Woburn Public Library will be closed on Wednesday, June 19th in observance of Juneteenth.

Where to Start?

Researching your family’s history is easy once you know where to begin.

  • Start with yourself and go back, one generation at a time.
  • Try to stick to the “one line at a time” rule to avoid any mix-ups.
  • Lastly, always double check that your sources are reputable.

We have a number of excellent resources to help you with your research:

  • Published Family Genealogies
    • Printed genealogies of local families.
    • Keyword search in the catalog for Woburn Special Collections – modify search to add a specific surname.

 

  • Vital Records
    • Printed version of births, marriages and deaths.
    • Covers the years 1640 to 1913.
    • For records after 1913, please visit the City Clerk’s office at Woburn City Hall.

 

Image of men in Puritan-style dress at an ordination ceremony.

The Ordination of Thomas Carter by Albert Thompson

  • City Directories
    • These were the precursor to the telephone book.
    • City Directories contain partial list of residents, their street addresses and occupations.
    • Includes list of businesses, churches, local organizations, names of streets, etc.

 

  • Lists of polls/persons
    • Ranges from the 1880s to present day.
    • We do not have every year – please inquire for details.

 

  • Telephone Books
    • Partial list of residents, their street addresses and telephone numbers.
    • Holdings range from 1952 to the present.

 

  • Yearbooks
    • Innitou, the yearbook for Woburn High School.
    • We have 1947-present.

 

  • Photographs
    • Woburn: Images of America (2000)
    • Woburn: A Past Observed (1999)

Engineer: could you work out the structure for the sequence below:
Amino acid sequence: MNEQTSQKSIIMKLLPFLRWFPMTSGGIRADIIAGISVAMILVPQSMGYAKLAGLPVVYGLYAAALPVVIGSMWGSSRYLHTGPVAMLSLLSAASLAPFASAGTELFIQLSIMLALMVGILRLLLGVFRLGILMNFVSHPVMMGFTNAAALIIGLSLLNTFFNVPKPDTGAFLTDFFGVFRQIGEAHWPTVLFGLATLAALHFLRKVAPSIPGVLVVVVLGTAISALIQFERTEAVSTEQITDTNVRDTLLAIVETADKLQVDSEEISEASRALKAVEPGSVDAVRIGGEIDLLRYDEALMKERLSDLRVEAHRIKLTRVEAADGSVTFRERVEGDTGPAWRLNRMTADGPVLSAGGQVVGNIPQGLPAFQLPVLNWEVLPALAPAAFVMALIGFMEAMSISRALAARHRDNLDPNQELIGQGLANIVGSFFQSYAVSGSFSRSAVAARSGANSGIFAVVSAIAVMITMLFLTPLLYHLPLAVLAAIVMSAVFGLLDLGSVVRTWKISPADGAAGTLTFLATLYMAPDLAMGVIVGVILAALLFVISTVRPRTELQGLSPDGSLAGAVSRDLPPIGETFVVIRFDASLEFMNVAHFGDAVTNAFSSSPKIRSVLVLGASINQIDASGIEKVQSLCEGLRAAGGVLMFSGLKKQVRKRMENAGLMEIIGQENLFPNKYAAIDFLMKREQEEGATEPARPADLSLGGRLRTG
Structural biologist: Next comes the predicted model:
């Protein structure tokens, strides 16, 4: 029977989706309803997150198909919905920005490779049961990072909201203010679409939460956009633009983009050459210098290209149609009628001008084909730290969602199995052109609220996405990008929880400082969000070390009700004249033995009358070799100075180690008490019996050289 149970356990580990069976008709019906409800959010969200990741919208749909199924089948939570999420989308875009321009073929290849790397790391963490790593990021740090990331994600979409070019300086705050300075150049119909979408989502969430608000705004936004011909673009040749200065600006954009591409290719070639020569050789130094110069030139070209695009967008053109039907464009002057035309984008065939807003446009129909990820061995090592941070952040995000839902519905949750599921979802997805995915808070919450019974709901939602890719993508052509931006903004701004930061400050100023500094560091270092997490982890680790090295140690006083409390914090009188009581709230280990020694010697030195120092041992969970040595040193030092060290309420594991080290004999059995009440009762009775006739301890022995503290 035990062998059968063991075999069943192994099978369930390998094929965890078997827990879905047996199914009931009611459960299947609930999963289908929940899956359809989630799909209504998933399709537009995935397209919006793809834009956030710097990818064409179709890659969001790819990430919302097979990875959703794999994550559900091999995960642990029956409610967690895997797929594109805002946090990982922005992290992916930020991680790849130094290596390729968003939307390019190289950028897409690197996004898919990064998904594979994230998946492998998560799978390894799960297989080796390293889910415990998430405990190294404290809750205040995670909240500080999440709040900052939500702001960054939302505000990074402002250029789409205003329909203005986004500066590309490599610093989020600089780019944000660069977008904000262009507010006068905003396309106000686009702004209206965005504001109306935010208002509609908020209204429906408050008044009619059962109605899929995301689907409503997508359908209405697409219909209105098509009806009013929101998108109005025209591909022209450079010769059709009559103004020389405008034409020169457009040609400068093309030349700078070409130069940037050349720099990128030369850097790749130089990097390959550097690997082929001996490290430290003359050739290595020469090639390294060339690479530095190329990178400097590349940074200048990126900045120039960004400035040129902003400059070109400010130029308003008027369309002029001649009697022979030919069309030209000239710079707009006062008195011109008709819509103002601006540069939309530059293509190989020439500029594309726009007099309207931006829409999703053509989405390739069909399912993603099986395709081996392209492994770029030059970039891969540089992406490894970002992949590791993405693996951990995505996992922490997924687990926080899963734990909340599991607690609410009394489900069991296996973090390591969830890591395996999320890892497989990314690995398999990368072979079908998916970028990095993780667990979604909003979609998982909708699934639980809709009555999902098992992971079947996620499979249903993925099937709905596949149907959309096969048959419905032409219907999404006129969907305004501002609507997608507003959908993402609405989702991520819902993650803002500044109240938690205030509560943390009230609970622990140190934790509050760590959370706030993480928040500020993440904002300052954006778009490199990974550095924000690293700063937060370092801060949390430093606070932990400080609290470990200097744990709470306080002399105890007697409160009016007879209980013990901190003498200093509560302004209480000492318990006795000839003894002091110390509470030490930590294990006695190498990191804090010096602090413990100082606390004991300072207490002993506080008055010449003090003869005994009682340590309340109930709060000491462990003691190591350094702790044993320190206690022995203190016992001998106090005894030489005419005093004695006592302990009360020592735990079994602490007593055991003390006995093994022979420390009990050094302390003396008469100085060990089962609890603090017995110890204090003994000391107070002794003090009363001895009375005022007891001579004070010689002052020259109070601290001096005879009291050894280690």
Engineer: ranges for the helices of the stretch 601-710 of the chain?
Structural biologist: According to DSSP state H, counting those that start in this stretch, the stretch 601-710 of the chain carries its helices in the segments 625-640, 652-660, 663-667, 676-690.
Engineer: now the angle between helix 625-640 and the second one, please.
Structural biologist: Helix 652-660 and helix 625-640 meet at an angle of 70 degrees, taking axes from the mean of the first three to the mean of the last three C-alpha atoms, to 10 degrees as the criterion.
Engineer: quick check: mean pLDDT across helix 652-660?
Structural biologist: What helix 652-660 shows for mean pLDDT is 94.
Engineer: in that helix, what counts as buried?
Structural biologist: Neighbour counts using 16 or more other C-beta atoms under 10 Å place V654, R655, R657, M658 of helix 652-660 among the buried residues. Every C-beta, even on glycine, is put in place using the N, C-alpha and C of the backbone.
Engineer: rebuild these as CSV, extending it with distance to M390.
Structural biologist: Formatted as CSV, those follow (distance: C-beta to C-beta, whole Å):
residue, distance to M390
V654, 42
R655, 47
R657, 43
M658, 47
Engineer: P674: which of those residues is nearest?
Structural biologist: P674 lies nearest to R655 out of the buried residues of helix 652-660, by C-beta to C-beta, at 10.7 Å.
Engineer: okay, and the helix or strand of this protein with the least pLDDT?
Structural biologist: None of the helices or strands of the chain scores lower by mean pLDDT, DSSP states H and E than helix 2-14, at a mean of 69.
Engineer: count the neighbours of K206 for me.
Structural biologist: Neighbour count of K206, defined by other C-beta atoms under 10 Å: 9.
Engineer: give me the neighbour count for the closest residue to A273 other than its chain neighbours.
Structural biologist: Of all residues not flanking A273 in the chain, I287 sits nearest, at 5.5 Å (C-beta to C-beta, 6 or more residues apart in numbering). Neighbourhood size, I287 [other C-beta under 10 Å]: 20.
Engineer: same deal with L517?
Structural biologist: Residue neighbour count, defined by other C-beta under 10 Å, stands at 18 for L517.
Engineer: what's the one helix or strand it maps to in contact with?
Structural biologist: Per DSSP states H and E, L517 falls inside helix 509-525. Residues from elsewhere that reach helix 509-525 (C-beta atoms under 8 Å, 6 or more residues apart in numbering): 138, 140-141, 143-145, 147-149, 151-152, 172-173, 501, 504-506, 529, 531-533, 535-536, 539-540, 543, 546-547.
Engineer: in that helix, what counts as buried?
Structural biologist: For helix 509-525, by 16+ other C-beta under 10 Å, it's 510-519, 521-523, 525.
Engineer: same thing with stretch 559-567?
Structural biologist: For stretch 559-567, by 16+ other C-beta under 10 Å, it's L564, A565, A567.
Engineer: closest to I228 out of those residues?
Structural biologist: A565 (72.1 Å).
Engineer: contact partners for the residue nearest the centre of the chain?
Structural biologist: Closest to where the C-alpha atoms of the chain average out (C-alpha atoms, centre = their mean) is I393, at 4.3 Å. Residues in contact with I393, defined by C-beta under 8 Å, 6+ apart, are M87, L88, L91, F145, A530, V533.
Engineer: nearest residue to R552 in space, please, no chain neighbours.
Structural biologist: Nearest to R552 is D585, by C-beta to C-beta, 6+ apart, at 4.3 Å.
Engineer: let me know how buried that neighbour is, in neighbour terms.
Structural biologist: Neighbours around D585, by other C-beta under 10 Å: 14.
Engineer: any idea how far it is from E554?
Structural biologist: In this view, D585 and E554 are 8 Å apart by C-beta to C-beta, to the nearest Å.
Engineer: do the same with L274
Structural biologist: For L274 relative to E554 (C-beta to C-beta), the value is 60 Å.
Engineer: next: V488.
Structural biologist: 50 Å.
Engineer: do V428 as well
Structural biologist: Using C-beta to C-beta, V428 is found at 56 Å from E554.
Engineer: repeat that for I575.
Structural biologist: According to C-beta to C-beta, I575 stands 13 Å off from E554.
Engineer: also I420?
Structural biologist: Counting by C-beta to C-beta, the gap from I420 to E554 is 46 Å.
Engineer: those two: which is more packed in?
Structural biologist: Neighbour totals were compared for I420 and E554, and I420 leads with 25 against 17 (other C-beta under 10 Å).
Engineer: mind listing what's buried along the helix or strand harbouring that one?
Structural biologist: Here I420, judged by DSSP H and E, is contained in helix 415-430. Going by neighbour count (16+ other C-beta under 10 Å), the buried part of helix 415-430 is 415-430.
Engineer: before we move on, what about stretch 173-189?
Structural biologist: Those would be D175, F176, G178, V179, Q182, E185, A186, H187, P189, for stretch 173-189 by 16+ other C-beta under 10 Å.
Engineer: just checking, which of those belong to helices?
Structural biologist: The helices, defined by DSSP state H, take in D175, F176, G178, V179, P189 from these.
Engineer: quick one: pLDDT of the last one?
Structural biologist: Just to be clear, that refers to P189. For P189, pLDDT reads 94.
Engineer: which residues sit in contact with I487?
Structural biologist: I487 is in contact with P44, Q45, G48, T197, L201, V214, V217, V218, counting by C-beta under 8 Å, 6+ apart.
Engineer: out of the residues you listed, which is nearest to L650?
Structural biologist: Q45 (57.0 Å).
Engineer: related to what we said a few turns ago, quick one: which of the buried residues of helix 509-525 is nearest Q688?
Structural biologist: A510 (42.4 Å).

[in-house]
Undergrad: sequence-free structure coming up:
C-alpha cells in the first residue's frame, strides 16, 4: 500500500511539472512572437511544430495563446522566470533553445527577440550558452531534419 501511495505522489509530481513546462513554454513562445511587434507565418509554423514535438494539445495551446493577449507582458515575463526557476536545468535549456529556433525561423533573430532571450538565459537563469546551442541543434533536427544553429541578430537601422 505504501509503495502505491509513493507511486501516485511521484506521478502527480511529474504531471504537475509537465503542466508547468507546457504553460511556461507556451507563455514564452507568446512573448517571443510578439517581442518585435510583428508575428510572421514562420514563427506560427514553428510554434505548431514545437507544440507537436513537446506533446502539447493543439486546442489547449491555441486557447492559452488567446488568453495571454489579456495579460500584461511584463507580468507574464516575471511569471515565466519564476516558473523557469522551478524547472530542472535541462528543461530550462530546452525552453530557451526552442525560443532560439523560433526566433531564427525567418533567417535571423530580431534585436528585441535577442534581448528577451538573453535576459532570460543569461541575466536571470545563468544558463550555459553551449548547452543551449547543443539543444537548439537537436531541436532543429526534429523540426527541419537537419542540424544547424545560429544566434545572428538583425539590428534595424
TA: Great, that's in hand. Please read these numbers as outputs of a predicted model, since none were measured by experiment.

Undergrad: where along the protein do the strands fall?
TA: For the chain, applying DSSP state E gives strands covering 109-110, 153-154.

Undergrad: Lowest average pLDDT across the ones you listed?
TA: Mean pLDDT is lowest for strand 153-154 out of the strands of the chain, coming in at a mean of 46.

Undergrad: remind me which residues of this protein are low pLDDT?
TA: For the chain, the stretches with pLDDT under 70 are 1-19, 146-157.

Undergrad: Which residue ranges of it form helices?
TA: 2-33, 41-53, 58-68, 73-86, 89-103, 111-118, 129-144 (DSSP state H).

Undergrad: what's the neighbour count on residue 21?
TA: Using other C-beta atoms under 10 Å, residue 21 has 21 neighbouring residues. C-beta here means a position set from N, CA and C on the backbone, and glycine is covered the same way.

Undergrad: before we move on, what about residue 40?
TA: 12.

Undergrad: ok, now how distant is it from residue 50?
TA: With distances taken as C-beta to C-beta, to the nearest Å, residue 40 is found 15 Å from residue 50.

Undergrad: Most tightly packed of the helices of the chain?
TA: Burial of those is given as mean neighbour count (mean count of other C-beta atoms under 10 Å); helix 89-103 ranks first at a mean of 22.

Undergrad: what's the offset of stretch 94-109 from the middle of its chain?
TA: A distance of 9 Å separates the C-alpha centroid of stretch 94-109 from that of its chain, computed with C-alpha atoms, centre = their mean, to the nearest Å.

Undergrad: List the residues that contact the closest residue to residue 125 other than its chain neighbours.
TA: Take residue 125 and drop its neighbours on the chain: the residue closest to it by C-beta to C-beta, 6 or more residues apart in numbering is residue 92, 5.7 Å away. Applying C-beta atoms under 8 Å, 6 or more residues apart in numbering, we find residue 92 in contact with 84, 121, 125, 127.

• Historic images, drawings, and stereoscopic views are available in the Library’s Glennon Archives.
    • Photographs from the 1950’s -1970’s by Woburn Phototographer Patrick Farino, available in the Library’s Glennon Archives

 

  • 17th century hand-written deed decreeing the manumission of an enslaved person of color.

    Deed dated 6 July 1767, which decrees the eventual manumission of an enslaved person of color named Pomp Blackman from his servitude to Nathan Wyman. From the Nathan Wyman Collection (WY).

    Maps

    • Many maps are available digitally here.
    • “Waterfield (now Woburn and Winchester) in 1638 with the relative positions and boundaries of the original land-owners,” 1886. Shows landholdings, roads and topographical features.
    • “Woburn. Plan of the town of Woburn,” 1831. Shows a few buildings, roads and topographical features.
    • “Atlas of the town of Woburn,” Beers, 1875. Shows buildings, roads and topographical features.
    • Bird’s-eye view of Woburn, 1883. Shows buildings, roads and topographical features.
    • “Atlas of Middlesex County,” Walker, 1889/1906. Shows buildings, roads, ward boundaries and topographical features.
    • “Atlas of the boundaries of the city of Woburn,” 1899. Shows topographical features.
    • Map of the city of Woburn, 1915, with additions, 1924. Shows some buildings, roads, ward boundaries and topographical features.
    • “Map of Woburn, Massachusetts showing the location of many historic sites and places of interest,” 1930. Shows a few buildings and sites, roads and topographical features.
    • Sanborn Fire Insurance Maps, 1867-1971. Shows buildings, roads and topographical features. Also available digitally.

 

  • Federal Census Records
    • Microfilm of original census schedules for Woburn.
    • Holdings for the years 1790, 1800, 1810, 1820, 1830, 1840, 1850, 1860, 1870, 1880, 1890, 1900, 1910, 1920.
    • Schedules are organized by enumeration district, then street. Indexes are available at the National Archives, Waltham, MA.

 

  • Probate Records
    • The Woburn entries from the Middlesex County Probate Index, 1648-1909, are available at either:
      • Middlesex County Registry of Probate, 208 Cambridge St., Cambridge, MA 02141. (617) 679-6300)
      • Massachusetts State Archives, 220 Morrissey Blvd., Boston, MA 02125 (617) 727-2816

 

 

  • The Woburn Genealogy Group takes place on the first Tuesday of each month from 3-4 pm in the Glennon Archives.
    • All are welcome, regardless of skill level or background.